Well, so much for predicting how tired I would be: the very day after I said I didn’t want to abandon you all in mid-title page, I found myself too wiped out to do my promised next post on title pages. Mea culpa — but I think I shall be taking the next few days off from posting, until I figure out how to integrate it with the masses of sleep I seem to need at the moment.
Let me move on to the second style of title page quickly, though, while I am fresh from a nap.
Last time, I mentioned that there were two formats commonly used in professional title pages. The one I showed you last time, what I like to call the Me First, is actually rather more common in submissions to agents than submissions from agents to editors, but it is certainly acceptable.
While the Me First format is perfectly fine, the other standard format, which I like to call the Ultra-professional, more closely replicates what most agents want their authors’ ultimate manuscript title pages to look like. Take a gander:
Elegant, isn’t it? And yet very market-oriented, because all of the requisite information is so very easy to find. Here is a downloadable version of the same, for those of you who would prefer to have it on hand.
I probably don’t need to walk through how to construct this little gem, but as my long-term readers know, I’m a great believer in making directions as straightforward as possible. I like them to be easy to follow in the ten minutes after an agent has said, “My God, I love your premise! Provide me with the manuscript instantly!” Call me zany, but on that happy day, I suspect that you’re going to have a lot on your mind.
So here’s how to put this little gem together. Set up a page with the usual standard format for manuscripts defaults — 1-inch margins all around, 12-point Times, Times New Roman, or Courier — then type in the upper right-hand corner:
Book category (If you’re unclear on what this is, are tempted to vacillate between several, or resent having to categorize your complex book at all, believe me, I sympathize — but please see the BOOK CATEGORIES category at right with all possible speed.)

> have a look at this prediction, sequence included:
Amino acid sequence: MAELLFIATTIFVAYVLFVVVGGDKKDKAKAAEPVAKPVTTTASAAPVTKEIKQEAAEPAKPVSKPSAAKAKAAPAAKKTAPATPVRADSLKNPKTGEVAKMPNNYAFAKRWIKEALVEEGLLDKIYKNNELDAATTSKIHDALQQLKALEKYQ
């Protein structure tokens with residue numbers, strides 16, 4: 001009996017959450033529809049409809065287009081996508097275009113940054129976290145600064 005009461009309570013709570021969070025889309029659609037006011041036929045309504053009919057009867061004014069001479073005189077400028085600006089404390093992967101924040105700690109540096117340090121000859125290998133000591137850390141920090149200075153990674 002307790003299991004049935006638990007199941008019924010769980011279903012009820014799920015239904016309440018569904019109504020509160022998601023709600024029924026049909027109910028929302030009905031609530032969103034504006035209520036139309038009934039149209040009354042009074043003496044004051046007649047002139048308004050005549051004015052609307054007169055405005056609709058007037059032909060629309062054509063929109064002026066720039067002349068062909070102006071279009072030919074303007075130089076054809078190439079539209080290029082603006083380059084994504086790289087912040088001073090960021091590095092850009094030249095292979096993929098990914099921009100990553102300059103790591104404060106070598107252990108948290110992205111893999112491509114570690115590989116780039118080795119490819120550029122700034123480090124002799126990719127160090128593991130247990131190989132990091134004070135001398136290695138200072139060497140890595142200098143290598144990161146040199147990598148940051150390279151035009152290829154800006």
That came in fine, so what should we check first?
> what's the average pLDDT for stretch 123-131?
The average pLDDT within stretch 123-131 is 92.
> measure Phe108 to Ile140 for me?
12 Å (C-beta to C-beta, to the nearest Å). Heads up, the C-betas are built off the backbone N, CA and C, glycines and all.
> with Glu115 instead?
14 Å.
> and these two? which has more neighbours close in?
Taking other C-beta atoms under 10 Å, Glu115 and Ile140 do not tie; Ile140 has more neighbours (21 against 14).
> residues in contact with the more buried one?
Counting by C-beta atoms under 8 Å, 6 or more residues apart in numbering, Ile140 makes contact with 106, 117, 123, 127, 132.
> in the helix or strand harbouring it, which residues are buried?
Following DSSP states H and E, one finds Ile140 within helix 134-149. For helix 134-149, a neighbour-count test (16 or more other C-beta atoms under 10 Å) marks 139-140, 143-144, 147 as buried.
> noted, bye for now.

Estimated word count (If you’re unclear on the hows and whys of estimation, please see the WORD COUNT category at right.)
Skip down 12 lines, then add, centered on the page:
(Skip a line)
(Skip a line)
Your name (or your nom de plume)
Skip down 12 more lines, then add in the lower right corner:
Your real name
Line 1 of your address
Line 2 of your address
Your telephone number
Your e-mail address
As you may see from the example, it looks nifty if the information in the top section and the information in the bottom one share the same left margin. Since some addresses are longer than others, using this format results in that left margin’s being set at different points on the page for different manuscripts. While Flaubert’s address is short, Edith Wharton’s is not, producing a cosmetically altered title page:
Again, there should be NO other information on the title page, just lots and lots of pretty, pretty white space. After you sign with an agency, your agent’s contact information will appear where your contact information does.
That’s it, my friends – the two primary options you have, if you want your title page to look like the bigwigs’ do. And believe me, you do. Try formatting yours accordingly, and see if your work is not treated with greater respect!
After my last post, forward-thinking reader Christa anticipated my next point, so I have already covered the issue of whether you should include a title page in an e-mailed submission. Since the comments are less easily searched than the text of my posts, I’m going to go over the logic a bit here as well.
The answer, in case you were wondering, is yes — it is an excellent idea to include a title page with an e-submission. It’s an even better idea to include it as PART of the manuscript attachment, rather than as a separate attachment.
A bit perplexed? You’re not alone. Let me deal with the whys first, then the hows.
As Christa rightly points out, an agent who sends you an e-mail to ask for a full or partial manuscript, like one who calls after reading your first 50 pages to ask for the rest of the book, obviously has your contact information already. So why repeat it by sending a title page?